The IMF has now released the full report of its 2017 Article IV consultation with the FGN. The document has rather more substance than the anodyne press release that preceded it (Good Morning Nigeria, 04 April 2017). It offers baseline and adjustment scenarios for Nigeria through to 2020. The former has growth this year at 0.8%, inching up to 1.8% at the end of the forecast period. It is based upon few, if any changes to the current fiscal and monetary stance, and limited structural reforms.
In marked contrast, the adjustment scenario forecasts growth in 2017 of 2.2%, rising to a respectable 4.5%. The assumptions include a front-loaded fiscal consolidation equivalent to a 1.6% improvement in the non-oil primary balance; monetary expansion restricted to nominal GDP growth, without any quasi-fiscal activities from the CBN; and the immediate removal of fx restrictions, and a move to a more flexible fx regime.
The FGN’s Economic Recovery and Growth Plan 2017-2020, praised by the Fund for its vision, offers three scenarios. The first of “do nothing” has the economy contracting in 2020, and the second of “introduce basic macroeconomic reforms” has growth that year of 3.8%. The third of implementing the plan is comparable to the Fund’s adjustment scenario, and has growth at 7.0% in 2020 and a fall in the unemployment rate of five percentage points over the four years. This is the only option in the plan’s words if Nigeria is to achieve sustainable and inclusive growth.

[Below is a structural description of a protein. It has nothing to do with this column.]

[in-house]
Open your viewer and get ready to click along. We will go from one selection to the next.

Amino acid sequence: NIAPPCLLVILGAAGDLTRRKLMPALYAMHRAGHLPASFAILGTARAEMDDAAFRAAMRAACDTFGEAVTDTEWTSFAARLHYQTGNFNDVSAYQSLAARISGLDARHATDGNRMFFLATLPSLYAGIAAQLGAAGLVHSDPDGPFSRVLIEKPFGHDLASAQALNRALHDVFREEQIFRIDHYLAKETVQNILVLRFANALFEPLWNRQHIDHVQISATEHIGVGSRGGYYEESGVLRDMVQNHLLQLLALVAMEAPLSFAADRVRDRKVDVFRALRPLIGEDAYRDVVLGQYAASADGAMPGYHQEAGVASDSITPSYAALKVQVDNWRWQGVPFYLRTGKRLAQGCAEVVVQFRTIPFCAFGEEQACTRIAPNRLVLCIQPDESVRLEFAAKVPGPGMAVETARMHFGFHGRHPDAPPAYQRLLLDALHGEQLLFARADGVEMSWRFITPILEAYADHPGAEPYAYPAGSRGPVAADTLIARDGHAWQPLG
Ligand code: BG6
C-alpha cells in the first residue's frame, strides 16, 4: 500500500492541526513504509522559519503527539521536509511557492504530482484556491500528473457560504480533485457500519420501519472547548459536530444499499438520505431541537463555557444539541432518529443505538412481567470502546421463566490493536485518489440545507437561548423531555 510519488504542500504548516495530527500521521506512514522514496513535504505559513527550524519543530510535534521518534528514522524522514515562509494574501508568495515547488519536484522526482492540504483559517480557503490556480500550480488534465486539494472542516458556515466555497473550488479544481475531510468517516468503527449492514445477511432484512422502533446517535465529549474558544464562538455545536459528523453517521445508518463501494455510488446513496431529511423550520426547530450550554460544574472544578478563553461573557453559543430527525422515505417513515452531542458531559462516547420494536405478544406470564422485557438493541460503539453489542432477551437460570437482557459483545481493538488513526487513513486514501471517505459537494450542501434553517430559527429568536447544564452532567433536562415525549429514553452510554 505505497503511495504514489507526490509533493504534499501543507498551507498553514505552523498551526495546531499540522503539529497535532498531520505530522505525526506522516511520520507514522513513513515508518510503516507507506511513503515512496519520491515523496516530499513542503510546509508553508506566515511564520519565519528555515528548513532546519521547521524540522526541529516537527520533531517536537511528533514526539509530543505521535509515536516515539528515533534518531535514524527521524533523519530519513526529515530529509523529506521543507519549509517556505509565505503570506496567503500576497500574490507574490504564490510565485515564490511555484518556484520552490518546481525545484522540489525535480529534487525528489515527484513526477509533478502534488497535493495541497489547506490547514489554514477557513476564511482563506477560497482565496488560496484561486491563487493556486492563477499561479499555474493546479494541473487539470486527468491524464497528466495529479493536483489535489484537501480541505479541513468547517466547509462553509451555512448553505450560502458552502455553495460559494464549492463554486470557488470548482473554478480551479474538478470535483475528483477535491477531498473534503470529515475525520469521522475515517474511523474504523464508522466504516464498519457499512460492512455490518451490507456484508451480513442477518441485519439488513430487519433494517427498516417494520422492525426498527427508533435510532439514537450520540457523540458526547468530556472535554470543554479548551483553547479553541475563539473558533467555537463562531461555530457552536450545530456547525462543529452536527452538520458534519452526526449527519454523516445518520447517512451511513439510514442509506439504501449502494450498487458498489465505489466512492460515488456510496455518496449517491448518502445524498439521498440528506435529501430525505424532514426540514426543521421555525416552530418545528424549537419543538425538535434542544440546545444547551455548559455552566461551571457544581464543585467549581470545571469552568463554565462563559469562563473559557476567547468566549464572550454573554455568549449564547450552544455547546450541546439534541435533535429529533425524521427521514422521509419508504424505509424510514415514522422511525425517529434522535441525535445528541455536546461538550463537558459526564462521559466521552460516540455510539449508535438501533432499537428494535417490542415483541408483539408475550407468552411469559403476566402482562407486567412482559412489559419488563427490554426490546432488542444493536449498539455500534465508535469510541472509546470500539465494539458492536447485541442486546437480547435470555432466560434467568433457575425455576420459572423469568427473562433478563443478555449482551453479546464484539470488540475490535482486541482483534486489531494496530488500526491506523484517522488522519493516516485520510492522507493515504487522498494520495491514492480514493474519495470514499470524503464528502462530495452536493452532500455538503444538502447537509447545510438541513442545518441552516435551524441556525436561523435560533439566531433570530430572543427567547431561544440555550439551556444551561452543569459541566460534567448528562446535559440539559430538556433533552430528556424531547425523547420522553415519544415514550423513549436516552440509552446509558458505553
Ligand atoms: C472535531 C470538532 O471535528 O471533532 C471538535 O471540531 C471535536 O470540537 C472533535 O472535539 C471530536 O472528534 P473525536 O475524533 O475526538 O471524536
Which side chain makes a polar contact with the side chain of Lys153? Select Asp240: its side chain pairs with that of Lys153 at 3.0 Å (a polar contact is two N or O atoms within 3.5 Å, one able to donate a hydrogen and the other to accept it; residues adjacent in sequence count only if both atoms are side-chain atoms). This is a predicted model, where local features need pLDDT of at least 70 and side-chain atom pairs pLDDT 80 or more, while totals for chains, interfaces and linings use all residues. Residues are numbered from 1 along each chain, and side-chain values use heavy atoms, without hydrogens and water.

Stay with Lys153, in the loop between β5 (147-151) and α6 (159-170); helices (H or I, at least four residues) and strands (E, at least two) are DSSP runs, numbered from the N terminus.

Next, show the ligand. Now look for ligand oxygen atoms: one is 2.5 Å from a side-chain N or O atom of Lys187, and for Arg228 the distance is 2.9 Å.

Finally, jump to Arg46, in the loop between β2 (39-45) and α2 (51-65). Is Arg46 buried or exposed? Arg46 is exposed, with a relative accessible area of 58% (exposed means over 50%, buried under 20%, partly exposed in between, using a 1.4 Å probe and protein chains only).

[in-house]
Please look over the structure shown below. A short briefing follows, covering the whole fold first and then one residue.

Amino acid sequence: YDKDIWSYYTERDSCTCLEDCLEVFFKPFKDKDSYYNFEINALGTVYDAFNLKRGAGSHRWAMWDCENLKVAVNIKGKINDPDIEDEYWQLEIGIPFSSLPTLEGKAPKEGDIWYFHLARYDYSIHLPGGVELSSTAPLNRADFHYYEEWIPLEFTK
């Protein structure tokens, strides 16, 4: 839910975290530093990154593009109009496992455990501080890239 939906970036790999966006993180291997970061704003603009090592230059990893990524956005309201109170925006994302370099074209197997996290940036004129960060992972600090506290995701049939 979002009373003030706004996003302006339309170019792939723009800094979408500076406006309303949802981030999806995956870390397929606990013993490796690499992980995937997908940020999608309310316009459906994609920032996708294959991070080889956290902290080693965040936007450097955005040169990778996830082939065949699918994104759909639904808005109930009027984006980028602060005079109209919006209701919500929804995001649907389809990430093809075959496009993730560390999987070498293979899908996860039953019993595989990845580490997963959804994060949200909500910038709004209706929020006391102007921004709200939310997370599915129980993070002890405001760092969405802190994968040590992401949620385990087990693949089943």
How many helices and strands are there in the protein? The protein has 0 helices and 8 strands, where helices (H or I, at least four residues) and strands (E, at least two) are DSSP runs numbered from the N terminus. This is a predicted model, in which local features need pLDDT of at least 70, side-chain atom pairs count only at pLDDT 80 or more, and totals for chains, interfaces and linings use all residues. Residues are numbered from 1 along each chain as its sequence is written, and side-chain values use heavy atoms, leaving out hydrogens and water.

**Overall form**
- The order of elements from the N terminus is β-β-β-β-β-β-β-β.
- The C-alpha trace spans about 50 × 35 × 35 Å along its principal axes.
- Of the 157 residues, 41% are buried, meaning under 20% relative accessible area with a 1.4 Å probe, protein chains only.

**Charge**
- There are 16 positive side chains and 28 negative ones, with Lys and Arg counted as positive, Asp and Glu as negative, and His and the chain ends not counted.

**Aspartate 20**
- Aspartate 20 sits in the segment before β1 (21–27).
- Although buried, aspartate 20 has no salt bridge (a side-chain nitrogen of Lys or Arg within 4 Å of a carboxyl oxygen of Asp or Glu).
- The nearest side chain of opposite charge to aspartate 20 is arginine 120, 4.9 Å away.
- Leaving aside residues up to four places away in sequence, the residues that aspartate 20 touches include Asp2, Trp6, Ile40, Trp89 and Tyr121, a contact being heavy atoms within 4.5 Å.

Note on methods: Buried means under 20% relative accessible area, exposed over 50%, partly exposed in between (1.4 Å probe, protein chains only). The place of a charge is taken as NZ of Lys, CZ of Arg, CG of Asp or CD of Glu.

The FGN argues that increases in tax rates would be politically difficult in the current circumstances, the Fund notes. We learn from the consultation that the authorities would consider such hikes from 2018 in VAT on telecoms and luxury items, along with asset sales and a continuing widening of the tax net.
The Fund estimates that CBN financing of the government through overdrafts and bond conversion amounted to N2.3trn in 2106.
The document highlights the status of core recommendations made in the 2016 exercise: among those not implemented was a call for an independent mechanism for the setting of fuel prices. We would welcome such a change along the lines of the system operating in South Africa and Kenya because it would “depoliticize” a highly sensitive area, make hundreds of officials available for redeployment and mark a large step towards full fuel deregulation.
From the very full consultation, we have extracted just one comparative indicator for future reference: the Nigerian authorities value the infrastructure stock at 35% of GDP, which would be half that of peer emerging markets.